Is there a distinctly Christian view on crime and criminal justice in America today? Dr. Jim Seemann, District Correctional Ministry Coordinator, has been researching this question for well over a year. Together with Concordia University, Saint Paul, he has created a special convocation which raises this same question.
“Would you want to be judged based on your worst day?”
These words from Rev. Jim Liske:
Martin Luther King Jr. once said, “There comes a time when one must take a position that is neither safe, nor politic, nor popular, but he must take it because his conscience tells him it is right….”
Now is the time followers of Jesus must take a stand for restorative justice and the reformation of the criminal justice system in America. For 40 years we have asked, “How do we get bad people out of our neighborhoods?” and as a result our prison population has increased from 230,000 to 2.3 million, and those who are released from prison don’t have what they need to succeed. It is now time to ask, “How do we bring good people home?” How can the people of God work to restore the hearts, lives, families, and communities of those incarcerated in our country?
God’s Word reveals that He has created everyone, including those behind bars, in His image, with divinely imputed dignity. Through His grace, He can take the most corroded, corrupted soul, and mold it for His purposes. Anyone who places their faith in God alone can be restored and realigned with His plan. Restorative justice, based on these convictions, brings hope to those who have caused harm, the victims of crime, and the communities that surround them. Popular opinion holds that those who break the law forfeit the chance to be free and to live in community with others, much less have our concern for their welfare and futures. But the Church of Jesus must advocate for the redemption of the incarcerated, just as Jesus advocates for people who, like you and me, would still be in spiritual prison without him.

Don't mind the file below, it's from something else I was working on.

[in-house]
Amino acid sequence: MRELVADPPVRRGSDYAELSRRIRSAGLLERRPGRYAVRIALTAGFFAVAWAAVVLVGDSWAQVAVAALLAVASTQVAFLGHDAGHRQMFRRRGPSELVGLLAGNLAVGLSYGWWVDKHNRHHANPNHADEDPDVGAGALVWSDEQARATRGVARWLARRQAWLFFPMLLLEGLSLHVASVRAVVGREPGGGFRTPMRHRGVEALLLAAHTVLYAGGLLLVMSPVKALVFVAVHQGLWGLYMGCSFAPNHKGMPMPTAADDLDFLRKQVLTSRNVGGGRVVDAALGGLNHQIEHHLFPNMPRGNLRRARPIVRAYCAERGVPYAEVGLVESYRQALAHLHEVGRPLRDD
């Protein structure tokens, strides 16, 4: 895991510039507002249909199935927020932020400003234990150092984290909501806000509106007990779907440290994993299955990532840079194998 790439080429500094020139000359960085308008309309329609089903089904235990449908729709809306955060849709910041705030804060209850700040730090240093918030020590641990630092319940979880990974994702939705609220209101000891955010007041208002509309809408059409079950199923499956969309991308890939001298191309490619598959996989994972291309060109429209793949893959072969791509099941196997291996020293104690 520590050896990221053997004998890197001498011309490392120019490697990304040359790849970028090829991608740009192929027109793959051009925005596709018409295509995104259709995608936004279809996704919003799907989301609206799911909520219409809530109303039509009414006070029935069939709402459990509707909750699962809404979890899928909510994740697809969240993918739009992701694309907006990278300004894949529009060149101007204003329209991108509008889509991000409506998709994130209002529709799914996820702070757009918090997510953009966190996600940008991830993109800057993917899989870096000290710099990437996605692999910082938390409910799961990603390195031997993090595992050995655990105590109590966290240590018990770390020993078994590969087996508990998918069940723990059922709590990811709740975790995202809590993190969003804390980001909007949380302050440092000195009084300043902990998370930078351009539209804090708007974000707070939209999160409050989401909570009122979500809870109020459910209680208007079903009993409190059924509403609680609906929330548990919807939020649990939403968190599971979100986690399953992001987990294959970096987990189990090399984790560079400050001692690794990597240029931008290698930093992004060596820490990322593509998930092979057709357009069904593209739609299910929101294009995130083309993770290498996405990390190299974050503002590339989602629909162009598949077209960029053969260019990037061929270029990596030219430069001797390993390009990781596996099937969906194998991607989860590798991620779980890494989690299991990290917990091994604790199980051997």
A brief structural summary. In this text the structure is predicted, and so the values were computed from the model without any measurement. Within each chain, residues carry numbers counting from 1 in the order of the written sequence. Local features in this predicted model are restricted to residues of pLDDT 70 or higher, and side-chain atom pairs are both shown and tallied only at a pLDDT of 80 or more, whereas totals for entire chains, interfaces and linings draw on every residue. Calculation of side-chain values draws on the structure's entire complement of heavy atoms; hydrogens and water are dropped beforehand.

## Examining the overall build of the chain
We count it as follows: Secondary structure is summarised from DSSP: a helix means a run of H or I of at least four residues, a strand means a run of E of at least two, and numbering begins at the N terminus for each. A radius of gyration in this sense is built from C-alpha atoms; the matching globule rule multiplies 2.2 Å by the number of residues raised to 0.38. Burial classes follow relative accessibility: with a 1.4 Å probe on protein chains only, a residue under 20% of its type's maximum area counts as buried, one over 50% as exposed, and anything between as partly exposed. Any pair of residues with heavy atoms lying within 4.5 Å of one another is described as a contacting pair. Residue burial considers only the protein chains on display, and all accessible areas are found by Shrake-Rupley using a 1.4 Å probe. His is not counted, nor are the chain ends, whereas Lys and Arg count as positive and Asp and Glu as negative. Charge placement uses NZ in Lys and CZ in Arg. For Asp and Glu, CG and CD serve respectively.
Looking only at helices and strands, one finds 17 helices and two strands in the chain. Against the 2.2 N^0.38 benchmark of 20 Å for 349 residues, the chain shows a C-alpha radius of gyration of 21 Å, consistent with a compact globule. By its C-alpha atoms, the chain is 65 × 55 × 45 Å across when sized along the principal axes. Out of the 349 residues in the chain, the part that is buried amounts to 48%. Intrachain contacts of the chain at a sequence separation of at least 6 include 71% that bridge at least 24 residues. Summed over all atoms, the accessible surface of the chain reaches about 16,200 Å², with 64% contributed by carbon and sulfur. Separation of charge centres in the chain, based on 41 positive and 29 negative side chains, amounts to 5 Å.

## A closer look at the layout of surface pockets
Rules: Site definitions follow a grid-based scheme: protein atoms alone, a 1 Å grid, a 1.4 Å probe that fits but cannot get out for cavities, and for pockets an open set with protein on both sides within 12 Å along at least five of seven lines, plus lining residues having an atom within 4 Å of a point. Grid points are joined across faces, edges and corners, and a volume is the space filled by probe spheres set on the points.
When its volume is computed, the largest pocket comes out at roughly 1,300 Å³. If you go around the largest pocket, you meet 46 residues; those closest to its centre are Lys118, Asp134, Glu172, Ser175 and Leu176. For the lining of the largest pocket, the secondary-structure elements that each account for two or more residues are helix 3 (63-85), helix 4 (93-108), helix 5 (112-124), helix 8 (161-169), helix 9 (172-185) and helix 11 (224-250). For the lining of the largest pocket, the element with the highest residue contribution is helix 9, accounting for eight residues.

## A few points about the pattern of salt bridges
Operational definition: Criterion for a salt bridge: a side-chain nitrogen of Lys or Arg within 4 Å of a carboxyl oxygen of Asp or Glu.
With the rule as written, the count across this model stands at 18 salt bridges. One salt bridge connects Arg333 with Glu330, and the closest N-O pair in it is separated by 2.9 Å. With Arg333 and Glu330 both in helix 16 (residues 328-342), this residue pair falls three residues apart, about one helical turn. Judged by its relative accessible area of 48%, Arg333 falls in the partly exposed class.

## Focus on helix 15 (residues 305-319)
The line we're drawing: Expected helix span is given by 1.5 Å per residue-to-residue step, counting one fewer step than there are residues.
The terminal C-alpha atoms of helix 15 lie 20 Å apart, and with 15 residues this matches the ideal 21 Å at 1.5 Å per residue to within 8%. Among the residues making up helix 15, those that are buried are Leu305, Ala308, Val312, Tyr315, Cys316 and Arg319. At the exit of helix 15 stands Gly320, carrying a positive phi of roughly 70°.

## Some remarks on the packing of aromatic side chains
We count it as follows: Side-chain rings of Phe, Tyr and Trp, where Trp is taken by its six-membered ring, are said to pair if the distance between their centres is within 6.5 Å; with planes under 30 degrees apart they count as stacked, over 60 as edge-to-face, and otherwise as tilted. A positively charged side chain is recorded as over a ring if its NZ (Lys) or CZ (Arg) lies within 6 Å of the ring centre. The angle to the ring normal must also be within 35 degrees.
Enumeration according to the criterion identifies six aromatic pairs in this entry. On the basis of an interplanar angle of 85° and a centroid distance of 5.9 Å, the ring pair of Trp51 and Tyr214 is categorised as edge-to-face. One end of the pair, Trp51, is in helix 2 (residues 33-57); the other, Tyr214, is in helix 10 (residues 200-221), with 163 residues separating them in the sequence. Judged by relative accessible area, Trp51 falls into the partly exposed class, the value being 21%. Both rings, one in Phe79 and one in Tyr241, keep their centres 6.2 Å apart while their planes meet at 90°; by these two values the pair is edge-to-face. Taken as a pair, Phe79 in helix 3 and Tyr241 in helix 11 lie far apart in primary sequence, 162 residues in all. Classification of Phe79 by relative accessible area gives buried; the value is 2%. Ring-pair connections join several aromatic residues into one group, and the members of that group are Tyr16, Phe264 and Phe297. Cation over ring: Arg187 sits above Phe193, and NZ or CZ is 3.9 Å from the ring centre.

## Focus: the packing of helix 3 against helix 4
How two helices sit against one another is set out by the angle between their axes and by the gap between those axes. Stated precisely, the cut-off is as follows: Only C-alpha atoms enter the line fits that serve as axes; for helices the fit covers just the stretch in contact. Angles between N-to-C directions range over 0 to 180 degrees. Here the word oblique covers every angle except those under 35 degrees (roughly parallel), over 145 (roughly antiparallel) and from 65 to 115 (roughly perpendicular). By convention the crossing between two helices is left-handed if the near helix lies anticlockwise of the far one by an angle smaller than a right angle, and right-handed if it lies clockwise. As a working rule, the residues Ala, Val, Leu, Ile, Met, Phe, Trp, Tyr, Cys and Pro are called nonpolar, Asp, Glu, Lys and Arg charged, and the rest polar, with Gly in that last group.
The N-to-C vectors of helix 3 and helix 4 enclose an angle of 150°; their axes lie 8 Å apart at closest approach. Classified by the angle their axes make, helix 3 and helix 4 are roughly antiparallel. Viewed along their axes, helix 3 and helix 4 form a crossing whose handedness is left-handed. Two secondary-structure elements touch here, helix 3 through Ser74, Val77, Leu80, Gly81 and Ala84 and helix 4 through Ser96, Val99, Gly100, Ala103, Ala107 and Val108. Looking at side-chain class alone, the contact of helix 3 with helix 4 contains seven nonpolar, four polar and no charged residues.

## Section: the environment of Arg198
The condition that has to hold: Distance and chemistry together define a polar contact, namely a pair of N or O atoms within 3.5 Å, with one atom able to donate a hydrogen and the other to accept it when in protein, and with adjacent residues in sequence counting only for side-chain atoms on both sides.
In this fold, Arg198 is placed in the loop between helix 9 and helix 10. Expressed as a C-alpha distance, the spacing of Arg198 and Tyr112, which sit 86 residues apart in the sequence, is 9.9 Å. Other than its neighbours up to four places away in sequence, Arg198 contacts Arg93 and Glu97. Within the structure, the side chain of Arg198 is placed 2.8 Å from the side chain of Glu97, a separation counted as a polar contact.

Transforming Criminal Justice from the Inside Out
Wednesday, October 7, 7:00 pm at the Buetow Auditorium, Concordia University, Saint Paul
15 minutes each, then moderated Q&A with audience
Jim Liske: President/CEO, Prison Fellowship: Framing the broadly recognized problems of crime and incarceration (cost, overcrowding, broken communities), and the opportunities for transformation that these problems offer to the Church and university
Eddie Miles, Assistant Commissioner, MN Department of Correction: Transforming prison culture and prisoners from the inside out – how that is happening in Minnesota
Jesse Wiese, JD, Director of Ex-Offender Network, Prison Fellowship: Transforming the reentry process − ending incarceration at the prison door (introducing the Second Prison Project)